Palestinian terrorists in the Hamas-controlled Gaza Strip fired a Grad missile, which landed near the southern Israeli town of Netivot – about 15 km inside Israeli territory.

 Behind the Headlines: Grad missile fired from Gaza hits Netivot


Photo: Rafi Babayan, Security officer, Sdot Negev Regional Council

On Sunday morning (7 Oct 2007), Palestinian terrorists in the Hamas-controlled Gaza Strip fired a Grad missile, which landed near the southern Israeli town of Netivot – about 15 km inside Israeli territory. The 122 mm Grad heavy artillery rocket, apparently produced in the former Soviet Union and smuggled into Gaza from Egypt, is an improved version of the infamous Katyusha rocket recently used by the Hizbullah to bombard northern Israel from Lebanese territory.
The use of this weapon marks a significant escalation in the Palestinian campaign of terror against Israeli civilians. The Grad attack is an escalation both in the range of the missile as well as the destructive force of the missile’s warhead.
In addition to the attack on Netivot, eight mortar shells fell in Kibbutz Keren Shalom, one landing a direct hit on a house, causing extensive damage. Three locally produced Kassam rockets were also fired from the northern Gaza Strip, landing in the area of the Sdot Negev Regional Council.
These attacks, particularly the use of a Grad missile, are yet another attempt by terrorists to influence political events through the use of violence. The extremist terrorists, operating under the Hamas umbrella in Gaza, timed their attack to cause maximum disruption to the burgeoning political process between Israel and the moderate Palestinian leadership led by Palestinian Authority President Mahmoud Abbas.

This week, US Secretary of State Rice is visiting the region in order to advance the international meeting planned to take place in November in Annapolis to promote Israeli-Palestinian reconciliation. Quartet envoy Tony Blair is also in the area, in order to promote cooperation between the sides. The Israeli and Palestinian working groups established in last week’s meeting between Prime Minister Olmert and PA President Abbas are slated to meet this week in order to map out common ground in advance of the November meeting. The terrorist escalation at this time is aimed at derailing this important movement through the use of indiscriminate violence against Israeli civilians.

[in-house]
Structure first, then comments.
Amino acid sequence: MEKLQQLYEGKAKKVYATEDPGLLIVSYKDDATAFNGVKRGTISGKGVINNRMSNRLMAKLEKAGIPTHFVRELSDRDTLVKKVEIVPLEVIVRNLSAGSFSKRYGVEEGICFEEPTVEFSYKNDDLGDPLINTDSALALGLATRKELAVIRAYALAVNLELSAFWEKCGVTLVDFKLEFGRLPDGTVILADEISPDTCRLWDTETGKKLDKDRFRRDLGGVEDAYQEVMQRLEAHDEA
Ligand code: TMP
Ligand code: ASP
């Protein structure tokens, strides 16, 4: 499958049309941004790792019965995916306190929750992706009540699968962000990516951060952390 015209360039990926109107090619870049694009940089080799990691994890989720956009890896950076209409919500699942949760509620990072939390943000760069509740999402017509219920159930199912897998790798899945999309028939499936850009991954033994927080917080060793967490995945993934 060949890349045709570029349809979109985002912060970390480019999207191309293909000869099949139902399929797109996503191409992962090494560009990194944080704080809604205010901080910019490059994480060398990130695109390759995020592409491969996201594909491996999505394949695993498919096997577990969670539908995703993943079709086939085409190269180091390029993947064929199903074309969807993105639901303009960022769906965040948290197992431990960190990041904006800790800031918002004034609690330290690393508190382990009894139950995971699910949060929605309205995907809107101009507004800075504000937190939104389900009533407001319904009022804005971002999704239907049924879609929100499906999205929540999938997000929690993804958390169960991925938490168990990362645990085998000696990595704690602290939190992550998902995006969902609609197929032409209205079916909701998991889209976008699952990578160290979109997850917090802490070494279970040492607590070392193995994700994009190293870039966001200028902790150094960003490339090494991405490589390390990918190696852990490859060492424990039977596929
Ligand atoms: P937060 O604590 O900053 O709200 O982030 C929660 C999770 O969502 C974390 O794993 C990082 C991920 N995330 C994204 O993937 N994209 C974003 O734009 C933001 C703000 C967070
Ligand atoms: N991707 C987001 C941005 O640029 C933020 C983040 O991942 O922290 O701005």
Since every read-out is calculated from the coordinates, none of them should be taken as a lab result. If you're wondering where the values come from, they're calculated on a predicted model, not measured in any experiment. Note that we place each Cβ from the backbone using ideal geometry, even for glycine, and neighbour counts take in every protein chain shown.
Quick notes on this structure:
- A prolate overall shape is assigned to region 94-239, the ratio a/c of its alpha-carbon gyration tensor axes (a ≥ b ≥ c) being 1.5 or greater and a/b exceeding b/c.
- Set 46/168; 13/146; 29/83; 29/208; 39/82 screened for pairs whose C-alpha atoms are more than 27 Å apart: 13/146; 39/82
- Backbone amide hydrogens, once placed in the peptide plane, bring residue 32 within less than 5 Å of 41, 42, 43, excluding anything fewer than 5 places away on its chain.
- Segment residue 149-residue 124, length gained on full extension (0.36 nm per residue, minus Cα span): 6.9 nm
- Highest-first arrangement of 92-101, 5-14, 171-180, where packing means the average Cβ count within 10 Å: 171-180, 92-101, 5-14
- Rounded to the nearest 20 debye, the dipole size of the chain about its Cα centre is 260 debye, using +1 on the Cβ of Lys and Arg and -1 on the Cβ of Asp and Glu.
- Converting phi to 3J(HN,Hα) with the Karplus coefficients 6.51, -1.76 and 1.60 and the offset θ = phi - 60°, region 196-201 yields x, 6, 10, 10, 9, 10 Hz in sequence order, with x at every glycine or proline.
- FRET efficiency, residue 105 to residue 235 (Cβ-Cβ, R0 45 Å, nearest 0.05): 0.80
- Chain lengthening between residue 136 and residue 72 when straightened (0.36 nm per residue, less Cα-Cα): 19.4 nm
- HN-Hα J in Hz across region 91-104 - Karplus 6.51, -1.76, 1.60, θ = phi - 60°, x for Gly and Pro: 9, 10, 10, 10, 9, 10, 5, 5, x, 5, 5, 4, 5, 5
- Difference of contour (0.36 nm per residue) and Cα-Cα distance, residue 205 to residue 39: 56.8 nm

The situation in Israeli communities bordering Gaza has become intolerable. Almost-daily rocket attacks have disrupted the lives of the residents, destroyed homes and businesses, damaged schools, kindergartens and other public buildings and led to an entire generation of children being severely traumatized by the constant threat of deadly attack. Now, with the use of even longer range weapons, even more cities have fallen under the extremists’ range of terror.

This escalation cannot be tolerated.
Israel’s disengagement from Gaza two years ago has only led to more attacks and to more terrorism. Since the disengagement, over 2000 artillery rockets and hundreds of mortar bombs have struck Israeli territory, leading to the deaths of 14 Israelis and the injury of hundreds more. Much of this violence has occurred since the Hamas seized control of the Gaza Strip in June of this year.

Last month, Israel determined that Gaza is a hostile territory, controlled by Hamas – an organization dedicated to the destruction of the State of Israel. Indeed, the Hamas is recognized as a terrorist group by many others in the democratic world, including the EU, Canada, US, Australia and Japan.

No matter which particular group claims responsibility for the Grad missile fired today, Hamas, which controls the Gaza Strip and gives its approval and praise for these attacks, bears the ultimate responsibility.